As your podcasting gets more serious, it's time to get serious equipment. You may have heard about acoustic treatment to control room echoes and while absorption can help, going overboard isn't necessary. If you have hard floors or bare walls, a rug or wall hangings can suffice — no need to cover every surface with foam. And never fear; the dynamic mic we recommend has a tight polar pattern that is less sensitive to the peripheral environment. Besides, the XLR connection and quality cable provide a noise-free audio transfer to your interface.

  • Per person - ATH-M20x Headphones (B&H • Amazon)
  • Per person - Rode PodMic Cardioid Dynamic Broadcast Microphone (B&H • Amazon)
  • Some way to get the mic off the table or out of your hands so it's less prone to be knocked around (B&H • Amazon)
  • Zoom PodTrak P4 (B&H • Amazon)
  • XLR cables (B&H • Amazon)

High-end setup
This list is near the top of the line without going overboard and over spending. The mute switch is a game-changer.

  • Per person - Sony MDR-7506 (B&H • Amazon) or Sennheiser 280 Pro headphones (B&H • Amazon)
  • Per person - Shure MV7X XLR (B&H • Amazon)
  • Zoom PodTrak P4 with SanDisk 32GB SD Card (B&H • Amazon) or Focusrite Scarlett 2i2 (B&H • Amazon)
  • Rolls MS111 mic switch momentary microphone mute switch (B&H • Amazon)
  • Mic stand (B&H • Amazon)
  • XLR cables (B&H • Amazon)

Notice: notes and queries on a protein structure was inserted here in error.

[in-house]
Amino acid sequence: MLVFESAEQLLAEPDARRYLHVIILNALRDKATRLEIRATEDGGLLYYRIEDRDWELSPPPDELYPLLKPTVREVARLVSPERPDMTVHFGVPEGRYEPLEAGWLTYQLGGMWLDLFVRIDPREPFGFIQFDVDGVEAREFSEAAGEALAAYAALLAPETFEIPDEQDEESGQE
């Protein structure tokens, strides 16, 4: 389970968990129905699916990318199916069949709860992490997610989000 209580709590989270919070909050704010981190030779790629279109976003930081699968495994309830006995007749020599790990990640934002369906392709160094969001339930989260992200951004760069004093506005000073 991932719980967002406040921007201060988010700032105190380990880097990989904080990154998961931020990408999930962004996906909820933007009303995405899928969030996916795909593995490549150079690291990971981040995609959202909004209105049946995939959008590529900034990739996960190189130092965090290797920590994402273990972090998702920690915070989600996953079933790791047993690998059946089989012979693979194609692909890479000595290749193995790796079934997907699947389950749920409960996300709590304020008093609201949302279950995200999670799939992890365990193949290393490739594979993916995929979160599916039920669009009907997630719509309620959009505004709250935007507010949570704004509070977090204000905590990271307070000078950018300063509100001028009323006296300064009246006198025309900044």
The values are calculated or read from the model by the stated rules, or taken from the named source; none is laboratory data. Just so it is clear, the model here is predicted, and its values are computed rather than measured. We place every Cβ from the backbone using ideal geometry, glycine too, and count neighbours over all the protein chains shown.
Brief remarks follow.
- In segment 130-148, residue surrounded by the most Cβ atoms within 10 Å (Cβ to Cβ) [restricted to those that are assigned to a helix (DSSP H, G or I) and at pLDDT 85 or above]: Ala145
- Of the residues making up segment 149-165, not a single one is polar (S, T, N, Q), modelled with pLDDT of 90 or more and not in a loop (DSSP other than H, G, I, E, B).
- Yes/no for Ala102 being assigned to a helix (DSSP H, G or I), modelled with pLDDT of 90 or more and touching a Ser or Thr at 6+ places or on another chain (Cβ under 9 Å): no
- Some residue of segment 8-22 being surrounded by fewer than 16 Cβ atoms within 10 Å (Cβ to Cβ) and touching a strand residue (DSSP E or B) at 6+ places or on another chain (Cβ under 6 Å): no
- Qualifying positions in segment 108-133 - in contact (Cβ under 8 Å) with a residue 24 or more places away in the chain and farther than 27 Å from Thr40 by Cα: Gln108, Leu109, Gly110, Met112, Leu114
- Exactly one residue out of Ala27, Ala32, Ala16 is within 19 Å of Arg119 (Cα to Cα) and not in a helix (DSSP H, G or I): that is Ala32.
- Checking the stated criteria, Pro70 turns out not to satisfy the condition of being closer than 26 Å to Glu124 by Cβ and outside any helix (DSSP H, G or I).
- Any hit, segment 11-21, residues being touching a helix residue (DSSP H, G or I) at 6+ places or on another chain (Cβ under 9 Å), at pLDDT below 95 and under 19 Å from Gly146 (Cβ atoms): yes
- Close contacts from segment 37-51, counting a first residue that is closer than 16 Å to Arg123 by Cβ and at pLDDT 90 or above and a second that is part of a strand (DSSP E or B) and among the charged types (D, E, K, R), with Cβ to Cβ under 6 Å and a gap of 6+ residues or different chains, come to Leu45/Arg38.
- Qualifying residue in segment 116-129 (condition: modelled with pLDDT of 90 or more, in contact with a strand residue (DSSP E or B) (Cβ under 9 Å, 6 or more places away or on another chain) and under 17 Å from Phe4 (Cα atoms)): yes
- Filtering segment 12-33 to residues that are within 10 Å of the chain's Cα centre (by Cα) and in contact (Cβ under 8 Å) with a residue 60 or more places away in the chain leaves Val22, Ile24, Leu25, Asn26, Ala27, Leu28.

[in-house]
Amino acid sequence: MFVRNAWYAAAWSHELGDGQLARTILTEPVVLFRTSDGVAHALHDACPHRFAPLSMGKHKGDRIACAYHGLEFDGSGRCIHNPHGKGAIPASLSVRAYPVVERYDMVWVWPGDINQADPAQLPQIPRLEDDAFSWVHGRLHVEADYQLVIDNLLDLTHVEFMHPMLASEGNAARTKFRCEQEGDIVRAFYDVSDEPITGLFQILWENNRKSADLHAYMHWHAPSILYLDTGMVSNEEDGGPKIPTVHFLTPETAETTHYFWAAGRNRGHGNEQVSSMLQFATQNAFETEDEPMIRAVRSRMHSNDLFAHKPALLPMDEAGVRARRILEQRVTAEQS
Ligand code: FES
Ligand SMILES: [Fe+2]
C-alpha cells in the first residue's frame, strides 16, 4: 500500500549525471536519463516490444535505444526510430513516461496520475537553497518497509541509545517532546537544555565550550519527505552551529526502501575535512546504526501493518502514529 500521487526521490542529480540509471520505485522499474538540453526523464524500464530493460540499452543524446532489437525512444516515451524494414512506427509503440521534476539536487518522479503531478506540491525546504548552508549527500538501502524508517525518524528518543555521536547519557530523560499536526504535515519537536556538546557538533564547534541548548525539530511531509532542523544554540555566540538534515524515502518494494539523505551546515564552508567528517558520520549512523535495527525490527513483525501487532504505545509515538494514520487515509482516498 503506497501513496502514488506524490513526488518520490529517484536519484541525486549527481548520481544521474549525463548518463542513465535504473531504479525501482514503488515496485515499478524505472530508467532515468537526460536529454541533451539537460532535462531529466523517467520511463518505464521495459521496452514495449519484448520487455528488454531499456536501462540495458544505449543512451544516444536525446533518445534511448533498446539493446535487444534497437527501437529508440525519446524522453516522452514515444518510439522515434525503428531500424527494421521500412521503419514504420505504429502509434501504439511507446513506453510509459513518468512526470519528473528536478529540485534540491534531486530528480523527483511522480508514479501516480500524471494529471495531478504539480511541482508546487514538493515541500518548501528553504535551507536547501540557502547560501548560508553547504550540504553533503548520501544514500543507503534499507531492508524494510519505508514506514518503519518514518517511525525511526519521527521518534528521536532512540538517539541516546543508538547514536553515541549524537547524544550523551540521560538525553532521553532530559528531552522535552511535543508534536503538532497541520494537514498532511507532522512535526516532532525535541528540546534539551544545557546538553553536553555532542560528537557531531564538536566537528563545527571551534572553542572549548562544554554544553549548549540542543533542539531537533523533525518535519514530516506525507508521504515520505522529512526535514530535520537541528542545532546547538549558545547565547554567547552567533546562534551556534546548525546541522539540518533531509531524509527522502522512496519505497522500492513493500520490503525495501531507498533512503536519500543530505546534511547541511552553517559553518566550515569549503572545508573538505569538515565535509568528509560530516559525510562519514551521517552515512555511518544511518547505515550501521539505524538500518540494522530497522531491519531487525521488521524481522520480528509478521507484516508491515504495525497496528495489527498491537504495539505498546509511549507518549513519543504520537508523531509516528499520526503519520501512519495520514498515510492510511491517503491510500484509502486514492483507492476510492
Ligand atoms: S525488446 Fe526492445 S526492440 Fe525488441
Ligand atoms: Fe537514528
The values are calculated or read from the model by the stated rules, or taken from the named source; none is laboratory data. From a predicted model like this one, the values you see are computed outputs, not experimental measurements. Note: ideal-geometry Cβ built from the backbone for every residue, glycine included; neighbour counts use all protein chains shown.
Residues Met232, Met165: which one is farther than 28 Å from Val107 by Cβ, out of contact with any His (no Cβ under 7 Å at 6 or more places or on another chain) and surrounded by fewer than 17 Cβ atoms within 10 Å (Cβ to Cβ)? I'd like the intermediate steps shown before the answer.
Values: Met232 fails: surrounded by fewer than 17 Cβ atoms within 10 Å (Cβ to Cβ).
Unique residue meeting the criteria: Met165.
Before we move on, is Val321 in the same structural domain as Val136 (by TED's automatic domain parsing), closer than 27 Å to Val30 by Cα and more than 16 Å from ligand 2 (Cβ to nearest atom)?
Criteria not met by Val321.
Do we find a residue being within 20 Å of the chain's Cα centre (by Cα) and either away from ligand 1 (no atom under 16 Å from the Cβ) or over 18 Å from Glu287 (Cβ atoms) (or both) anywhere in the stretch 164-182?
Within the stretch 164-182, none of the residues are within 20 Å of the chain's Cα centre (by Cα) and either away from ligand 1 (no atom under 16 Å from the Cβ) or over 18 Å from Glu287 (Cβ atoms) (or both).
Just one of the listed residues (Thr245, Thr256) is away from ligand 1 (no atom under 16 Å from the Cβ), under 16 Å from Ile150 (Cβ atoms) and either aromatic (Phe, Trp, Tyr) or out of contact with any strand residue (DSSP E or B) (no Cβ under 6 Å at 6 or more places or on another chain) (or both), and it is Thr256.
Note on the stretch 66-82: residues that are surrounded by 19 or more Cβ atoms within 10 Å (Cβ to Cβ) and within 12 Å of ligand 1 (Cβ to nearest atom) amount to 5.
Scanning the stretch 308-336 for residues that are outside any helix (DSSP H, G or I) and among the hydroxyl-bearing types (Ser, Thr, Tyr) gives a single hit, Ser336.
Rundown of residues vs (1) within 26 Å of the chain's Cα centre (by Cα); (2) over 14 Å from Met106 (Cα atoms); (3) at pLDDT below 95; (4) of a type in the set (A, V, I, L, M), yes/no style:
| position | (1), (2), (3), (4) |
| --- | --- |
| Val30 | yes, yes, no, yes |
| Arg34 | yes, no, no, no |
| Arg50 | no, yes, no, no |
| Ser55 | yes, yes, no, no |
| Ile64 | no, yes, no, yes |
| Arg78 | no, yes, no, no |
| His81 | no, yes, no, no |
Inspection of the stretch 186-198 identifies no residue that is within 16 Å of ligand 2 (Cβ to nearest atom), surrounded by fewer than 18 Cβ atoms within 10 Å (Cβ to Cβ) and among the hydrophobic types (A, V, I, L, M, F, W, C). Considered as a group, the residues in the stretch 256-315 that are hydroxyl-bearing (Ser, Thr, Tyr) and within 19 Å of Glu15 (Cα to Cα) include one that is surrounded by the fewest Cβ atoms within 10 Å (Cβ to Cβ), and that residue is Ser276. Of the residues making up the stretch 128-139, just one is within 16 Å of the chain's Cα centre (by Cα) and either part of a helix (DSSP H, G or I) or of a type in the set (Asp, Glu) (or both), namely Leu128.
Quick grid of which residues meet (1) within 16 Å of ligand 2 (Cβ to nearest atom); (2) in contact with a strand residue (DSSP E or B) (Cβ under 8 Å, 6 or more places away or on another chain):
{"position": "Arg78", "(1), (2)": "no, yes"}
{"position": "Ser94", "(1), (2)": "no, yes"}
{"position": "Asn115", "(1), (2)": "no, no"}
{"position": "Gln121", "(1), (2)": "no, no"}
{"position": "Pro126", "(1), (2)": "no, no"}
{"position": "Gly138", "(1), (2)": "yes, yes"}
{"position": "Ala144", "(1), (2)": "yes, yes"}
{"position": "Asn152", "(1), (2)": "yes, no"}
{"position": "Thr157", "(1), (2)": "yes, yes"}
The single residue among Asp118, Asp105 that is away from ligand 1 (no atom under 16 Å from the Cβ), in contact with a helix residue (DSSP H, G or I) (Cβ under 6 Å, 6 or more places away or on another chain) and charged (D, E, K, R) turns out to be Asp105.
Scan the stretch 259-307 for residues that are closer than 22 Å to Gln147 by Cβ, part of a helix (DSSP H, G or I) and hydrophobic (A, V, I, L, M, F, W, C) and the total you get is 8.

Portable recording kit
Some have asked about the ideal mobile rig, which they can take when traveling or recording "on-the-street" interviews. This small, portable setup is also very affordable, making it a good starter XLR kit.

  • Per person - Sony MDR-7506 (B&H • Amazon)
  • Per person - Shure SM57 microphone and foam covers (B&H • Amazon)
  • Zoom PodTrak P4 with SanDisk 32GB SD Card (B&H • Amazon)
  • XLR cables (B&H • Amazon)

The "How This Works" podcast setup
As of the end of 2022, we produce How This Works almost entirely remotely, with guests joining via Zencastr or two times where we used separate Quicktime instances to record each person's audio separately and an audible countdown and clap to sync the sound in post-production. Only one episode so far has been recorded in person. Here's what Skipper uses as a host:

  • MacBook Pro 2019 2.6 GHz 6-Core Intel Core i7 with 16 GB RAM — see computer note above
  • Sennheiser 280 Pro headphones (B&H • Amazon)
  • Shure SM7B (B&H • Amazon)
  • InnoGear mic boom arm with cable management (B&H • Amazon)
  • Rolls MS111 mic switch momentary microphone mute switch (B&H • Amazon)
  • Stage Right XLR cables (B&H • Amazon)
  • Cable management including...
  • Adobe Creative Suite — mostly Audition, Illustrator, Photoshop, and Premiere
  • Audio Hijack from Rogue Amoeba
  • Headliner

The note that we sent to guests about their sound setup is as follows:

The easiest thing for your audio is a set of wired headphones (over ear/on ear or earbuds) with an attached microphone like the generic white Apple EarPods or something similar. We say wired because it's one less failure point (battery, delay, latency, you name it) but if you like wireless headphones, that's fine too — as long as they're not noise cancelling headphones, which in our experience can be inconsistent and uneven in what they decide needs to be cancelled out. Having a generally quiet background helps too.